Taking Poultry Science to the CEO Suite
Most sleep-away camps for high schoolers don’t cover both DNA testing and egg-smashing machines.
Almost none teach you how to artificially inseminate a hen.
[pullquote color=’red’ align=’left’]The more experiences you get, the more you know what you’re going to be good at and where you might find your passion.[/pullquote]Celebrating its tenth anniversary this year, the Poultry Science Summer Institute is a highly competitive five-day, four-night camp for high school students through the Prestage Department of Poultry Science. Each July, students study physiology, avian pathology and embryology with department faculty. They tour commercial hatcheries and chat with industry experts over lunch. They explore the field’s unexpected job options, from HR to IT — and soon, Program Director and Assistant Professor Kim Livingston hopes, CEO.
How do students know whether they’ll like poultry science?
When I graduated high school 18 years ago, I never would have thought I would go into poultry science. I was going to be a veterinarian. But you find a passion and something that really intrigues you, and it starts by taking every opportunity that’s open to you. I think it’s encouraging for these students to start working with our faculty, and then we can help place you in internships.
The more experiences you get, the more you know what you’re going to be good at and where you might find your passion.
What made you stop wanting to be a veterinarian? Why poultry instead?
When I was in high school, I worked for a dog and cat veterinarian. After the 1,000th time you help neuter a pet, you think, man, this really isn’t all that interesting. So at the start of my sophomore year, I set out to find other things I could do with my animal science degree.
I serendipitously got a job in the poultry and nutrition lab with Carl Parsons. I was doing all the grad students’ grunt work, and next thing I know, I get the nerve up to start quizzing them — what does this data mean? What was your hypothesis? Did it work? Then I had one of them say to me, you like to solve problems, you ask too many questions — you are destined to be a researcher.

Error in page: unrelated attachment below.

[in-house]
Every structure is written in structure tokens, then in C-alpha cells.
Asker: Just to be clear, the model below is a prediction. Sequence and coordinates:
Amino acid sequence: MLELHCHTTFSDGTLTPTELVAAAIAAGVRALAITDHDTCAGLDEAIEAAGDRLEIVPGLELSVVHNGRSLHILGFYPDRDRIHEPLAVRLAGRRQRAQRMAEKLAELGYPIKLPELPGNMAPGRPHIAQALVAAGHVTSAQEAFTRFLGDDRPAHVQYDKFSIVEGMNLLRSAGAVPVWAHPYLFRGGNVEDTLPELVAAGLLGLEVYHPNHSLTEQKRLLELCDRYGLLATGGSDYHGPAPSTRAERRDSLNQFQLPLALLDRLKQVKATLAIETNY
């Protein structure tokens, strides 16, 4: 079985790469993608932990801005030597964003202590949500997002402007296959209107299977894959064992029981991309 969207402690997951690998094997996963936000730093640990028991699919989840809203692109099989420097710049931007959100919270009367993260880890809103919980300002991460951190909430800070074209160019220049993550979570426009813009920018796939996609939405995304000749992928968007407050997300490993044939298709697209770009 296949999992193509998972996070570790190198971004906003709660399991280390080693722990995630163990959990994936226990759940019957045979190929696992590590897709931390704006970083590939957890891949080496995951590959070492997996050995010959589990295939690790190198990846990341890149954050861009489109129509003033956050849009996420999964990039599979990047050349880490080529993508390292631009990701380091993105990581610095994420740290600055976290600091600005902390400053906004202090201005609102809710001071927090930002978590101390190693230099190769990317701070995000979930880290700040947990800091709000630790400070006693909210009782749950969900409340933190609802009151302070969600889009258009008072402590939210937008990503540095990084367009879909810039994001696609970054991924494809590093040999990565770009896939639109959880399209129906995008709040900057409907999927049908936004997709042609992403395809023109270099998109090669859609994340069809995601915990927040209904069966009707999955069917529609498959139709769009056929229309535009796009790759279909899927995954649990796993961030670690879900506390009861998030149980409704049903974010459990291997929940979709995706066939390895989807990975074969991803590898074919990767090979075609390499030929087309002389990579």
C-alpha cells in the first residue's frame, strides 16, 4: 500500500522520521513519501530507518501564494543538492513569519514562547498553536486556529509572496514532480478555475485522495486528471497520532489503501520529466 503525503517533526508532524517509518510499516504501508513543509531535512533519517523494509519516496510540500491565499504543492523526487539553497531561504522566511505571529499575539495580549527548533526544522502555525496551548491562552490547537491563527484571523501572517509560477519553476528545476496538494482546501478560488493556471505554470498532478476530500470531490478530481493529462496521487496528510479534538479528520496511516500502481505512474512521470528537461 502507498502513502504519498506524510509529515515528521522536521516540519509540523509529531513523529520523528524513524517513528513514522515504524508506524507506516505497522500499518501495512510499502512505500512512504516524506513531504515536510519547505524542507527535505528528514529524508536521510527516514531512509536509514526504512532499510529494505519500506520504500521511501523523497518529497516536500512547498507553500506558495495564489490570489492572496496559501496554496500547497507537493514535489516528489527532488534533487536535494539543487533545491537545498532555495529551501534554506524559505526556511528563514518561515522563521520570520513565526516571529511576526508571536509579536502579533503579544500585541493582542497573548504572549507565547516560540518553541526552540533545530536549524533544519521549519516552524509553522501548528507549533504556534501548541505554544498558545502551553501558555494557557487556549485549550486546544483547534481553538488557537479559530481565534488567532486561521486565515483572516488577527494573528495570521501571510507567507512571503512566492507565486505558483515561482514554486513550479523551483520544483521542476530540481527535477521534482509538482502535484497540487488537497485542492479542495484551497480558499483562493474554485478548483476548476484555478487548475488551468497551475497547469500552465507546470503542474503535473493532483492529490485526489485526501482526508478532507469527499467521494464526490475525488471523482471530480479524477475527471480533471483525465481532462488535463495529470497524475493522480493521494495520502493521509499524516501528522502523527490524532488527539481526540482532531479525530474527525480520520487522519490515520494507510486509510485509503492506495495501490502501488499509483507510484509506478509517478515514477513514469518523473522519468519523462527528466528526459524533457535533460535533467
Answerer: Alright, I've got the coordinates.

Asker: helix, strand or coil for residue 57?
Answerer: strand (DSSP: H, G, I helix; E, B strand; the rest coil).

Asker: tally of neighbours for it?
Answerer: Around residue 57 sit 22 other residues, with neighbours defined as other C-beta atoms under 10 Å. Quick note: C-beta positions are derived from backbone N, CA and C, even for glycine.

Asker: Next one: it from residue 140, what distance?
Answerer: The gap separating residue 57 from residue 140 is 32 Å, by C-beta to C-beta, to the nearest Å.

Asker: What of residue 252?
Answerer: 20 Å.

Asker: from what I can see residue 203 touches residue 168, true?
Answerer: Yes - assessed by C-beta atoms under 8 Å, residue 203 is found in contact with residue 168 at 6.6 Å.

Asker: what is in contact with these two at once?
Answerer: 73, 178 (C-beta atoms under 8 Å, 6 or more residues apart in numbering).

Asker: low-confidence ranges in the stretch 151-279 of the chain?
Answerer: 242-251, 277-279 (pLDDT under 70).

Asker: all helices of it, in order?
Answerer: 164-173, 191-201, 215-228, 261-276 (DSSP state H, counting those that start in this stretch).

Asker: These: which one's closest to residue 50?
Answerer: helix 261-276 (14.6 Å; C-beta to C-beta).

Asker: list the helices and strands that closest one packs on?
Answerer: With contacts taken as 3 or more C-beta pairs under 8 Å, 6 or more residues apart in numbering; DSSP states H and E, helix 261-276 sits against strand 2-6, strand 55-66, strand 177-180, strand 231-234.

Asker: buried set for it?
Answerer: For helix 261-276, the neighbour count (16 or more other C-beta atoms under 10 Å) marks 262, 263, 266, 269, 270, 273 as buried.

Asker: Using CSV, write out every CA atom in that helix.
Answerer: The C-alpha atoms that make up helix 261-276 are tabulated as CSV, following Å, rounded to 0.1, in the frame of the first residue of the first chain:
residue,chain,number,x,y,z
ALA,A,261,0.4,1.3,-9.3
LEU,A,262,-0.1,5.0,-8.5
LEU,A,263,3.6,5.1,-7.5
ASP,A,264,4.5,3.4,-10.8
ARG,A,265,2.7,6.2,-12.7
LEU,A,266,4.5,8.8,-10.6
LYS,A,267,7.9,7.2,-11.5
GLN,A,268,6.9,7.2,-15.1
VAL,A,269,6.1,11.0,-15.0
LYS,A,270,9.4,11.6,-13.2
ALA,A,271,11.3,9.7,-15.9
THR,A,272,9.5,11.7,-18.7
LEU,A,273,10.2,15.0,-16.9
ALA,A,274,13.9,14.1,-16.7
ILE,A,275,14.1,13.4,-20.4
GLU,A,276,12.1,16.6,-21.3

What do you tell students and parents when they ask why to enroll?
It’s a matter of breaking through the stigma of, “You’re going to get a poultry science degree and then you’re going to be a chicken farmer or a turkey farmer.” No. You can go be, for example, a virologist. I tell them, your flu vaccine is grown in an egg! That’s why your doctor asks you whether you’re allergic to eggs beforehand. Those are things they don’t necessarily think about, and why would they, because they’re 16. That’s our job.
[pullquote color=’red’ align=”]I want us to be graduating future CEOs.[/pullquote]Even if they come from an agricultural background, their parents may be saying, ‘I don’t want you getting a degree that has you doing the same thing we did.” But you can stay in that same field and have a better future. I tell the dean, I want to get our students to where we’re graduating future CEOs. They may start out as field supervisors, but we need to get them critically thinking and understanding, we’ve got to help them realize they can be the CEO and make decisions — and have the background to understand why they’re making the decisions they’re making.
At the end of PSSI week every year, do you see changes in your students from when they started?
Yes! I think a lot of times, they sign up because maybe, for example, their family has backyard chickens. Then they see all the career opportunities we have here. I like to tell them stories about our faculty — like how we have one faculty member who got million-dollar grants to study how to cure ovarian cancer. Things they never in a million years they think of when they think of studying poultry.